Balazs Bercsenyi is a multi-faceted tattoo artist from Pécs, Hungary. His unique, meticulous style is influenced by ritual, spirituality, geometry, the occult, and sculpture, and has become the cornerstone of his independent art projects.
After an apprenticeship in London at the age of twenty, Balazs went on to join the world-renowned Bang Bang crew in New York City. While continuing his passion for tattooing, he has explored illustration and fashion design as new mediums to bridge the gap between ancient tradition and modern elegance.
His newest endeavor, tattoo retreats, involves the expertise of a healing facilitator and an eastern medicine body worker and movement practitioner. Curated by the team and set in a mystical framework to prepare the mind and body to receive a tattoo, the duration of the retreat can vary between three and six days depending on the client’s desires.
Each retreat includes days of tattooing, overnight stays, nourishing meals, integration/design sessions, movement/acupuncture sessions, intention setting, and energy work. The healing facilitator focuses on reframing situations, empowerment, and the release of limiting beliefs, while the body worker uses breath work, embodiment, and acupuncture. This interaction between the mind and body creates a powerful and synergistic client transformation.
Balazs opened up to Face the Current to discuss his retreats; his experience at Bang Bang; his tattoo animation project, “A Life of a Rose”; and what’s next for him as he follows the energy of his artistic gift.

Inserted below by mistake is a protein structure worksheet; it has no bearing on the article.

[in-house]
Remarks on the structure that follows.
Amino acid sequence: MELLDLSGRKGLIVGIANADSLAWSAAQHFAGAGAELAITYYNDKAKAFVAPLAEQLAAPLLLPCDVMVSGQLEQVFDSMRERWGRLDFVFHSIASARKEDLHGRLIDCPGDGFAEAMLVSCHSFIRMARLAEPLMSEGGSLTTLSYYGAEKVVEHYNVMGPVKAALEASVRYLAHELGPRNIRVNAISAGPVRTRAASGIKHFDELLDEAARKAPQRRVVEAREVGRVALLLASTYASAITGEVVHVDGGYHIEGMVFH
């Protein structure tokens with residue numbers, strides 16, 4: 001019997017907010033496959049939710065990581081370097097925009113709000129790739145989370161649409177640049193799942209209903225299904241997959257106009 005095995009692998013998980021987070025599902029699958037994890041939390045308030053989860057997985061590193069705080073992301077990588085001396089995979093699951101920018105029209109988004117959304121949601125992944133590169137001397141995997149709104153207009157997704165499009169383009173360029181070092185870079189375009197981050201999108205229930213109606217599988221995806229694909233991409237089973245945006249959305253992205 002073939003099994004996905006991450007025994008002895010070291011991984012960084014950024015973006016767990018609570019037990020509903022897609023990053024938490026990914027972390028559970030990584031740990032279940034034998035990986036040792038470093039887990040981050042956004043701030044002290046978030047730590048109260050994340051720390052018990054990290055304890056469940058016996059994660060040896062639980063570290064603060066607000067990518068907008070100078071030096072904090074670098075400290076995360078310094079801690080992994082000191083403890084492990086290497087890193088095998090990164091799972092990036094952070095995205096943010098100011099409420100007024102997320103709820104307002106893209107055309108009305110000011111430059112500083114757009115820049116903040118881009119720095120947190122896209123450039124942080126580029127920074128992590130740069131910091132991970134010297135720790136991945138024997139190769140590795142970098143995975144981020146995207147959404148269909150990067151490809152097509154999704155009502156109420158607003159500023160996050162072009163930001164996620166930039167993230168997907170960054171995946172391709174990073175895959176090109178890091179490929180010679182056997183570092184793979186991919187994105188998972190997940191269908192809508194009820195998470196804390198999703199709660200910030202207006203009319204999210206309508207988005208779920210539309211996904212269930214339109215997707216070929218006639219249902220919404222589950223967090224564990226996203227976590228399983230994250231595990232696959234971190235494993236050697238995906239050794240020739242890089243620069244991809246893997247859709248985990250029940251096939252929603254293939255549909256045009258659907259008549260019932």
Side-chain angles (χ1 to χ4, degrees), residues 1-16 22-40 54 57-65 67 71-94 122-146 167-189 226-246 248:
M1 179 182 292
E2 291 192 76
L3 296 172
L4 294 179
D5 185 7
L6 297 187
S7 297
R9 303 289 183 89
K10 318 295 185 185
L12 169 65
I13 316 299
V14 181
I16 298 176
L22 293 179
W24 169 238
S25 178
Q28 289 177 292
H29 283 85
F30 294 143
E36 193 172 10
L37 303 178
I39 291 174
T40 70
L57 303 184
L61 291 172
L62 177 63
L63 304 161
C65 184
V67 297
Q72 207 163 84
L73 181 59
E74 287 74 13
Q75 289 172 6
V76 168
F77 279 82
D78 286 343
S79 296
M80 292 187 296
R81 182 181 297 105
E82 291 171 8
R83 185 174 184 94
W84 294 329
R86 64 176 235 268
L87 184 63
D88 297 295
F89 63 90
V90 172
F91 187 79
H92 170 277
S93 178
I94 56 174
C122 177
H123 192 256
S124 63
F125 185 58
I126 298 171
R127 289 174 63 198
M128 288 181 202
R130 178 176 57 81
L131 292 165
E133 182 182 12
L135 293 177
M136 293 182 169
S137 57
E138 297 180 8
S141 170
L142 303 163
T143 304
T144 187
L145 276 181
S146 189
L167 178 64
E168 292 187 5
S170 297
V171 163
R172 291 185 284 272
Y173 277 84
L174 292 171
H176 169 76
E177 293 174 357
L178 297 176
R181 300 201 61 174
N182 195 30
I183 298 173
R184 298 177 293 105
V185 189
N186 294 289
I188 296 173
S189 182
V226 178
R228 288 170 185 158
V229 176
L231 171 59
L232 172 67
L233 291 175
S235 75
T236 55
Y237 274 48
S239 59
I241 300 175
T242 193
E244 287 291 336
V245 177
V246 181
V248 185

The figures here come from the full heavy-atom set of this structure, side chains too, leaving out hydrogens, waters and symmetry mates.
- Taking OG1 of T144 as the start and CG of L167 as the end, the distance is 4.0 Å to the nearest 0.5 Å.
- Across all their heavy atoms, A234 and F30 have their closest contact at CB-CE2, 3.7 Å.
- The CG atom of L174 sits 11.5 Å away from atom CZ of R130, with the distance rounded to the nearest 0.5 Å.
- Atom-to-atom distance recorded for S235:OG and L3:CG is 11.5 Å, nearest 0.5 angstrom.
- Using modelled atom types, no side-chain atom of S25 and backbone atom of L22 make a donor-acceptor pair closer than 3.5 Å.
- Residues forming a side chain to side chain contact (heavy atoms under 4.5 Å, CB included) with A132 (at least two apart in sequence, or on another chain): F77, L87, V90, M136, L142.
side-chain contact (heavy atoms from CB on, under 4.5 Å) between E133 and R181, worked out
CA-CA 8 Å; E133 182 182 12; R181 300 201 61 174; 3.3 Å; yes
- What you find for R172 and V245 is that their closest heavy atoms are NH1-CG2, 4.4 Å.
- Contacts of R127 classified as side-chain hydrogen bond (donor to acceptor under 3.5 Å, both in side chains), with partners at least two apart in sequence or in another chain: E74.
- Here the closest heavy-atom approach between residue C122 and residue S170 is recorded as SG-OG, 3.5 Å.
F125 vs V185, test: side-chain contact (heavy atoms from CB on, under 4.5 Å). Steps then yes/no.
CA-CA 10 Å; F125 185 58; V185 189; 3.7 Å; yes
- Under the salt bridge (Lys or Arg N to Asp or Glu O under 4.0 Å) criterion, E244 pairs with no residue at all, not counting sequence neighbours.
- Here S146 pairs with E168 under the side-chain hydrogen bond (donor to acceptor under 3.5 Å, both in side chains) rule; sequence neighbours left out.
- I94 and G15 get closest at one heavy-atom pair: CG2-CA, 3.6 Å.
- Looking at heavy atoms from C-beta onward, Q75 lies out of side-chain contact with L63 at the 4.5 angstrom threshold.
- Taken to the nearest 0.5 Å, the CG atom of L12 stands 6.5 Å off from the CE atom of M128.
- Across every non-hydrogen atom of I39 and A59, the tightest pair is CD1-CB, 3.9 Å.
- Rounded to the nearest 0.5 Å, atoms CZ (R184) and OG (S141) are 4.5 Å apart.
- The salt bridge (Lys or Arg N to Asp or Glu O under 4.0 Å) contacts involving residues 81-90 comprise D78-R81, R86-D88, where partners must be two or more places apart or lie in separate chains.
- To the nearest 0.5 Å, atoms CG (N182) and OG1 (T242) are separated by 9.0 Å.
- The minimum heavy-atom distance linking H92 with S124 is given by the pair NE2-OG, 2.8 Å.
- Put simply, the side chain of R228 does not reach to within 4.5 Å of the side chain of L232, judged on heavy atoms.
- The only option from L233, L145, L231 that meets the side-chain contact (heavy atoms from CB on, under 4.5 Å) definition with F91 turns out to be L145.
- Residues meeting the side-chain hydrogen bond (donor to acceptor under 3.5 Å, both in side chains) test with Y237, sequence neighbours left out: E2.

Sasha Frate: What led you to create a retreat tattooing experience and how do you curate these experiences for each person?
Balazs: After I left New York in 2019, I happened to go to Norway to do a tattoo there. I met a healer and I was lucky enough to do a session with him. It was beautiful and I went through a lot of release and a lot of healing that day. It shifted my perception on a lot of things, including how I want to work in the tattooing industry. When the healing occurred, I thought, “How can I host a similar experience where people can get not only a tattoo, but also a healing experience?” It’s really just giving people a safe space to be and rest. So, after I had that session with the healer, we agreed that we’d do a tattoo retreat together.
We hosted one in Bali that summer. We had a six-week retreat with eight or nine clients that stayed for one or two nights. It was not a group setting, it was individual. It’s basically a normal tattoo session with a client, but instead of walking into a studio, getting tattooed and then leaving, the clients come and stay with us for at least two nights. This really gives us the opportunity to know each other and dig deeper into who they are. I feel like people are looking for a connection and tattooing is just an excuse to establish that connection. It was beautiful to take tattooing—which is such a primal, tribal thing—and remove the business aspect. It felt like, “Let’s just receive the client and fully experience them, and be with them, and listen to them, and give them space.” That is such a huge gift—it’s a beautiful experience.